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Procalcitonin is a peptide released by human cells in response to exposure to bacterial toxins and is measurable in the serum. Procalcitonin is also downregulated in the setting of viral infection. Therefore, it is more specific than C-reactive protein or white blood cell count. Procalcitonin has been studied as a marker to determine both when to start antibiotic therapy and duration of antibiotic therapy in infection. In these trials, antibiotics were safely held or withdrawn when the procalcitonin level was normal or decreasing by a substantial amount. Systematic reviews of available literature support the use of procalcitonin to guide treatment in patients presenting with acute respiratory infections and sepsis. Antibiotic consumption is significantly reduced across different clinical settings when guided by procalcitonin levels; procalcitonin can be used effectively in these settings only when used as a point of care test.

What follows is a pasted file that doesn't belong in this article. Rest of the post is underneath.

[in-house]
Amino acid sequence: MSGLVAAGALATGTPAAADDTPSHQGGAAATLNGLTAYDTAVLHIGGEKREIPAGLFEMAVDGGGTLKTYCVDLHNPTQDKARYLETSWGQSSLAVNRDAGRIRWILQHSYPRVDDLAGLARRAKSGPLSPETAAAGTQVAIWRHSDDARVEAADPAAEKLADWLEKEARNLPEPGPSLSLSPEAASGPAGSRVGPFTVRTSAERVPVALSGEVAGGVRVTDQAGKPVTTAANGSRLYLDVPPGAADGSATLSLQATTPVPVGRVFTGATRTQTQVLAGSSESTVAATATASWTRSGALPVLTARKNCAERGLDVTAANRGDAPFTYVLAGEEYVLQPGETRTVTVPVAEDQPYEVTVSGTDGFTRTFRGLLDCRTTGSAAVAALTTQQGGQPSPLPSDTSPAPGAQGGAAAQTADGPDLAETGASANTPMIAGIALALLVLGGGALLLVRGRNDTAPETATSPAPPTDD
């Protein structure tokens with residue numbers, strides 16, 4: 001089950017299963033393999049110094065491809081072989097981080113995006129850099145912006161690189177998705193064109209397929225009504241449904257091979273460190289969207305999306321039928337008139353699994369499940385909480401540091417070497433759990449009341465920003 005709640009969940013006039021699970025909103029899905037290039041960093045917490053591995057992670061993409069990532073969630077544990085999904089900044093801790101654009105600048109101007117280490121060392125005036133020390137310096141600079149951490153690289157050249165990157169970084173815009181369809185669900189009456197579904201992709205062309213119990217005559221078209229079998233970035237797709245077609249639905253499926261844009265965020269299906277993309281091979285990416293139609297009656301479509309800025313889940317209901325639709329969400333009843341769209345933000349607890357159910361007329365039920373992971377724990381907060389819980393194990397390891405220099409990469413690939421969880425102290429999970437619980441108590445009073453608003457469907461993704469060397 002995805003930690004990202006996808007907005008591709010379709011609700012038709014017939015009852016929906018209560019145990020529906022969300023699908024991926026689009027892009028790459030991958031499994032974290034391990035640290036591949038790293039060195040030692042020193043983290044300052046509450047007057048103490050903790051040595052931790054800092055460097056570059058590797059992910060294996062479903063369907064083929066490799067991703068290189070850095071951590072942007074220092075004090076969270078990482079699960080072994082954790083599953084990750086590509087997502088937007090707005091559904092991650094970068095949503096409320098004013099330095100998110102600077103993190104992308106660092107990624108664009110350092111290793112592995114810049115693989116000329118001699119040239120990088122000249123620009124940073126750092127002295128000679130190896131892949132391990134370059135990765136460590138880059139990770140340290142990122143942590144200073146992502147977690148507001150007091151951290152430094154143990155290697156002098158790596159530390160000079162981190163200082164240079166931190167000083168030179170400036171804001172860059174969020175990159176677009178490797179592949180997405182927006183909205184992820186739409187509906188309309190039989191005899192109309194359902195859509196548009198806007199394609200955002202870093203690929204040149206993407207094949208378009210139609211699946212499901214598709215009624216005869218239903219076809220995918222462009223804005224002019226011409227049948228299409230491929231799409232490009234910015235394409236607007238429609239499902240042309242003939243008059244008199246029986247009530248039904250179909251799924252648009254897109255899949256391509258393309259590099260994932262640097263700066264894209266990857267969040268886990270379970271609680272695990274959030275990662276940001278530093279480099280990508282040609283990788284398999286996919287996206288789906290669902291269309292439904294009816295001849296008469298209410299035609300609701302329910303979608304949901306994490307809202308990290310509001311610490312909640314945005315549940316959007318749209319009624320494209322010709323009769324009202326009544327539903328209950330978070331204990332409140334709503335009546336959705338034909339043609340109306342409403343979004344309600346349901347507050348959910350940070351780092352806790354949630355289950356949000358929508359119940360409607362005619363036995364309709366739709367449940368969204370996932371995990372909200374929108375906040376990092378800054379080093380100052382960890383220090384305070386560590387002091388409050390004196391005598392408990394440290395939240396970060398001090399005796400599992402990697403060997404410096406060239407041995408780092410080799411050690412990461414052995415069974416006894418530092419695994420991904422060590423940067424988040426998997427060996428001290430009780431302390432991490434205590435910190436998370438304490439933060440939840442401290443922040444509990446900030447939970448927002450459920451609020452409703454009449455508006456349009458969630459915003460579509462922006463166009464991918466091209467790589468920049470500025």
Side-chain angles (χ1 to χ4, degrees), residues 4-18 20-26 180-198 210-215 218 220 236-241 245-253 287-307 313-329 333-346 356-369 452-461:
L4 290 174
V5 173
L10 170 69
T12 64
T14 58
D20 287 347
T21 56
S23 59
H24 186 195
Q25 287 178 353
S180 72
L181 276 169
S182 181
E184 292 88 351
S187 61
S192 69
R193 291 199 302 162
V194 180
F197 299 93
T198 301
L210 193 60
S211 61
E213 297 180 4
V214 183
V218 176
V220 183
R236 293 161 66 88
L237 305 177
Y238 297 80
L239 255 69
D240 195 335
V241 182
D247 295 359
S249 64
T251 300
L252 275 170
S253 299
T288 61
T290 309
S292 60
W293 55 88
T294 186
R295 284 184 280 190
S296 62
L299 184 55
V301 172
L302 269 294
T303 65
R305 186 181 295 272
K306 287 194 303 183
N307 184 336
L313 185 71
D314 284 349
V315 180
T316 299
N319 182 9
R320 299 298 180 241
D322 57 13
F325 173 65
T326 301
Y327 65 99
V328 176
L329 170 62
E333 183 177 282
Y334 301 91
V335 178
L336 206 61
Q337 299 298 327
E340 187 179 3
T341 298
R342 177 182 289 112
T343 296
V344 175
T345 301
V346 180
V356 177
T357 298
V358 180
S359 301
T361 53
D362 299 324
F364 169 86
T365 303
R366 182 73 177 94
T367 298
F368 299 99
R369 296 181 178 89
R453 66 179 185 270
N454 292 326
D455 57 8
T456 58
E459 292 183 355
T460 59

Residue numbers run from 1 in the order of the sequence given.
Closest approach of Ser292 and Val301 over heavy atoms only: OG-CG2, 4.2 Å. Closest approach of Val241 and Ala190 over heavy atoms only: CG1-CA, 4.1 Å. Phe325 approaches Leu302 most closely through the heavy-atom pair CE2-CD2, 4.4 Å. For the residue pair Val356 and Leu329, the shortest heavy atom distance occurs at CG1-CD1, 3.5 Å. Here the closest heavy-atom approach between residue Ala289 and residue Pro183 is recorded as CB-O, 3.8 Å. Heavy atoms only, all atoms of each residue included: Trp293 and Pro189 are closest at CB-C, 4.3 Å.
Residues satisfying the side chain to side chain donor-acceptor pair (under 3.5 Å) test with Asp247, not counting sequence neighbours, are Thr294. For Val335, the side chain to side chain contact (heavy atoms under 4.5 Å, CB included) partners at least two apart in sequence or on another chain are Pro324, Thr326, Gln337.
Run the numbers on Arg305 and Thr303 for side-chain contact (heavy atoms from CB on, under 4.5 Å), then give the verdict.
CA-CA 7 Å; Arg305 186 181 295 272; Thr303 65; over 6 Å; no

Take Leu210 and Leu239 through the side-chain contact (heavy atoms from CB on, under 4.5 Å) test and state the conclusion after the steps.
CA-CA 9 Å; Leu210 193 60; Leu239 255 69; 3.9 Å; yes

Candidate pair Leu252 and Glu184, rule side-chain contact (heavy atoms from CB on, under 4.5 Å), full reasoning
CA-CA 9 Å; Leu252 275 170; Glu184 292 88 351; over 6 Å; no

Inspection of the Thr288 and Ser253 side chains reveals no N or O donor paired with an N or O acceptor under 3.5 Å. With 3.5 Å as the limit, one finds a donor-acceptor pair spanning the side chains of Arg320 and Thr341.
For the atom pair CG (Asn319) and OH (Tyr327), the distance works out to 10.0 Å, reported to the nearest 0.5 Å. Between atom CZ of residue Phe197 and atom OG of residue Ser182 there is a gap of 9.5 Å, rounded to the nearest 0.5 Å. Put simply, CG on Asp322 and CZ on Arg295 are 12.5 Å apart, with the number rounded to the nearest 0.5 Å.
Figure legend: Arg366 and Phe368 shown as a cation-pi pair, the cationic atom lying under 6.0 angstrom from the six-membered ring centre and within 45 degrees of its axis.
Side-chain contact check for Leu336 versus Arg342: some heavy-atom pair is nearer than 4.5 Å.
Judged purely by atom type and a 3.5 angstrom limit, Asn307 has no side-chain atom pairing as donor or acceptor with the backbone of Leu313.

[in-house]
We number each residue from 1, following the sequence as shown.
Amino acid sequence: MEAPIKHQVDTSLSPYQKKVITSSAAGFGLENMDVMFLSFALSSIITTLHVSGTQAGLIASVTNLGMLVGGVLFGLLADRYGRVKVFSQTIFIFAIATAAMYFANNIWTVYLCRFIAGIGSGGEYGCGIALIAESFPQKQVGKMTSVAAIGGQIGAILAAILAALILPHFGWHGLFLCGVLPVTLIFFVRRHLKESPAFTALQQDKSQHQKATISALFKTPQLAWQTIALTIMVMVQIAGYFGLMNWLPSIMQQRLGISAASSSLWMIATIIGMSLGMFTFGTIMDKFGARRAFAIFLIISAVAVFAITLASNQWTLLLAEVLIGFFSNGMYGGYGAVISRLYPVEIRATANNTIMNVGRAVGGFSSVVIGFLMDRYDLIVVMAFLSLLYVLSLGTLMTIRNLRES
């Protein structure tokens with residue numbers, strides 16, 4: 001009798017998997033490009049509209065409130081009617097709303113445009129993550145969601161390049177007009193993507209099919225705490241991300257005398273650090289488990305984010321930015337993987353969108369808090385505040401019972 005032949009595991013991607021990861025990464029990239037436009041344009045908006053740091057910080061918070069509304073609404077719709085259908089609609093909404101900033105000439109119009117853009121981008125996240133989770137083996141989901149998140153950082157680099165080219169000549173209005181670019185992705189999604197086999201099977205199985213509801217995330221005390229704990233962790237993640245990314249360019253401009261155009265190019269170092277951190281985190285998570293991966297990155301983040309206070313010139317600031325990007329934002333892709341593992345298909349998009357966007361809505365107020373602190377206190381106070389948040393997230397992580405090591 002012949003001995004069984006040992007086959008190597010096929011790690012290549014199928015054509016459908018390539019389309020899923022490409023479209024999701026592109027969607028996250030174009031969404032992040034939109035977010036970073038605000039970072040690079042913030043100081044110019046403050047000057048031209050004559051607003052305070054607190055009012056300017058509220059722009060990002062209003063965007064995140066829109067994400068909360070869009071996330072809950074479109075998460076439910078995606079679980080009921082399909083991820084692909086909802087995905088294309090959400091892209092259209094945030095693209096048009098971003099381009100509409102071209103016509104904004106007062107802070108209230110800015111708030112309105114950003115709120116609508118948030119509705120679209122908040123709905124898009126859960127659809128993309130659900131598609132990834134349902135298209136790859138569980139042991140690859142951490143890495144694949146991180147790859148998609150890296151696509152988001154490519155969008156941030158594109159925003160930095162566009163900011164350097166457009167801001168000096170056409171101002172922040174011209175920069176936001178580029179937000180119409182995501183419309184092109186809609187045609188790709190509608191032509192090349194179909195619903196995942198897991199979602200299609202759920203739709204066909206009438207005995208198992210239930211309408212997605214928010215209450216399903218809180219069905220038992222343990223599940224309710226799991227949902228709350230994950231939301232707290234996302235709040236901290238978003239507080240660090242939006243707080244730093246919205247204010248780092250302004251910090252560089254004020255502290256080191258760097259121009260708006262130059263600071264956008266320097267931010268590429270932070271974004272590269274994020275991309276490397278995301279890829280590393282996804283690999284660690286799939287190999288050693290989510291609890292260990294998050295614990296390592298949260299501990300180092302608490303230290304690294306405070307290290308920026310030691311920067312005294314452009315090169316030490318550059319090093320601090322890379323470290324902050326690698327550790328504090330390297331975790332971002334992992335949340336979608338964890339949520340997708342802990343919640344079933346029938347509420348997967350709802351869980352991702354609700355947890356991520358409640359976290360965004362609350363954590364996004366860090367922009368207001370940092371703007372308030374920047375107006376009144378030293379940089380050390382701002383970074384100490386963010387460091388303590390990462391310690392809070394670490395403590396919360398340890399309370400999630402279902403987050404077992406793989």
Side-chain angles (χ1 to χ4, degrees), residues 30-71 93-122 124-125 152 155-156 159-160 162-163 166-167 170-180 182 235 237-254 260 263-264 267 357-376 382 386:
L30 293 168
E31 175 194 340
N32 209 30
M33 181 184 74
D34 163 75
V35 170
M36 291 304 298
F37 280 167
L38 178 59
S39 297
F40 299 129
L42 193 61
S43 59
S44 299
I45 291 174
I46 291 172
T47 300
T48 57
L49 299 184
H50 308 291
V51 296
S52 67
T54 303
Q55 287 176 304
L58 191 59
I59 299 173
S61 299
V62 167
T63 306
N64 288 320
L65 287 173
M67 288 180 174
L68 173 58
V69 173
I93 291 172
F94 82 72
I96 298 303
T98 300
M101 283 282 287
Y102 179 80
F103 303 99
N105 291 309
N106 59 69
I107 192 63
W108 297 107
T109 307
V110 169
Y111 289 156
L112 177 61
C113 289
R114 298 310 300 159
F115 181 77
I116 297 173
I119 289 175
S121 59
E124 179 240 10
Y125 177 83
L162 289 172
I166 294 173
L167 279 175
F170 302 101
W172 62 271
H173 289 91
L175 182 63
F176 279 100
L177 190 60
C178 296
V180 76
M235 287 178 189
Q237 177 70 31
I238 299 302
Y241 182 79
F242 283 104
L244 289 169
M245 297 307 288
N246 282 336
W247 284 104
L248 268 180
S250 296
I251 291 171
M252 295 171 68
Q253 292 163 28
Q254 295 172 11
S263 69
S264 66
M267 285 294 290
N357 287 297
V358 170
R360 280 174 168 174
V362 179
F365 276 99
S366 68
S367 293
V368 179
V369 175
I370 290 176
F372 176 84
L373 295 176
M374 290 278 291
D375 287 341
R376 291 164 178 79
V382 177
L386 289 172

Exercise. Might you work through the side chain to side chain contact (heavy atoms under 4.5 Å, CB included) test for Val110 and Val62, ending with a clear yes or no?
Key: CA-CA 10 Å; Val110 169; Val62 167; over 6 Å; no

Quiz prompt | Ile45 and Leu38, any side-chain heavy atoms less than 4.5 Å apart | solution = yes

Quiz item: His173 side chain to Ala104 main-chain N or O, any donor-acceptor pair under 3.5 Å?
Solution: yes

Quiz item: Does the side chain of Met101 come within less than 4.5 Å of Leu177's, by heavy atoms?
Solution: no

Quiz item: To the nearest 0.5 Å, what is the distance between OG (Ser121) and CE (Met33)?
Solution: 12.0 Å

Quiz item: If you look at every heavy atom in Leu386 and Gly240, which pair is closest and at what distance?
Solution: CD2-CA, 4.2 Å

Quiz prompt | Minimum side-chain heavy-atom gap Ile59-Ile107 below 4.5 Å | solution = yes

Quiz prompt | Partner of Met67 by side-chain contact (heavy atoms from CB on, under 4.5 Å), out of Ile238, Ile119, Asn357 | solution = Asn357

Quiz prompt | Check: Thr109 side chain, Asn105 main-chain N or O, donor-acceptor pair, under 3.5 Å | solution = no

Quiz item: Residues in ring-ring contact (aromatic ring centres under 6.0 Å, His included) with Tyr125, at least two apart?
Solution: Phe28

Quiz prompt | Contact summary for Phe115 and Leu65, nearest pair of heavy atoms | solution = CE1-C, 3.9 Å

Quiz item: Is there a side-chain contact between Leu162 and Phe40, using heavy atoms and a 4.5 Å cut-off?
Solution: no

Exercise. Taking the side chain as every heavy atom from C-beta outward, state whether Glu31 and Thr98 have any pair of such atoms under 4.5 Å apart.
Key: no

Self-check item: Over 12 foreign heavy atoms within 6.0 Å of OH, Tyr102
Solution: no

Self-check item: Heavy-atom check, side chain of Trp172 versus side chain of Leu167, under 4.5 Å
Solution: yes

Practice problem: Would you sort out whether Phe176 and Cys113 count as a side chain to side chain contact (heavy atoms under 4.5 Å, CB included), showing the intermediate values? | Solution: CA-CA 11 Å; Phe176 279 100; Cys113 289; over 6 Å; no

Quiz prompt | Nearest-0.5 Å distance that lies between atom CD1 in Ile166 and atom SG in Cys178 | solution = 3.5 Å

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Branche  AR  et al. Serum procalcitonin measurement and viral testing to guide antibiotic use for respiratory infections in hospitalized adults: a randomized controlled trial. J Infect Dis. 2015 Dec 1;212(11):1692–700.
[PubMed: 25910632]
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de Jong  E  et al. Efficacy and safety of procalcitonin guidance in reducing the duration of antibiotic treatment in critically ill patients: a randomised, controlled, open-label trial. Lancet Infect Dis. 2016 Jul;16(7):819–27.
[PubMed: 26947523]
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Huang  DT  et al; ProACT Investigators. Procalcitonin-guided use of antibiotics for lower respiratory tract infection. N Engl J Med. 2018 Jul 19;379(3):236–49.
[PubMed: 29781385]

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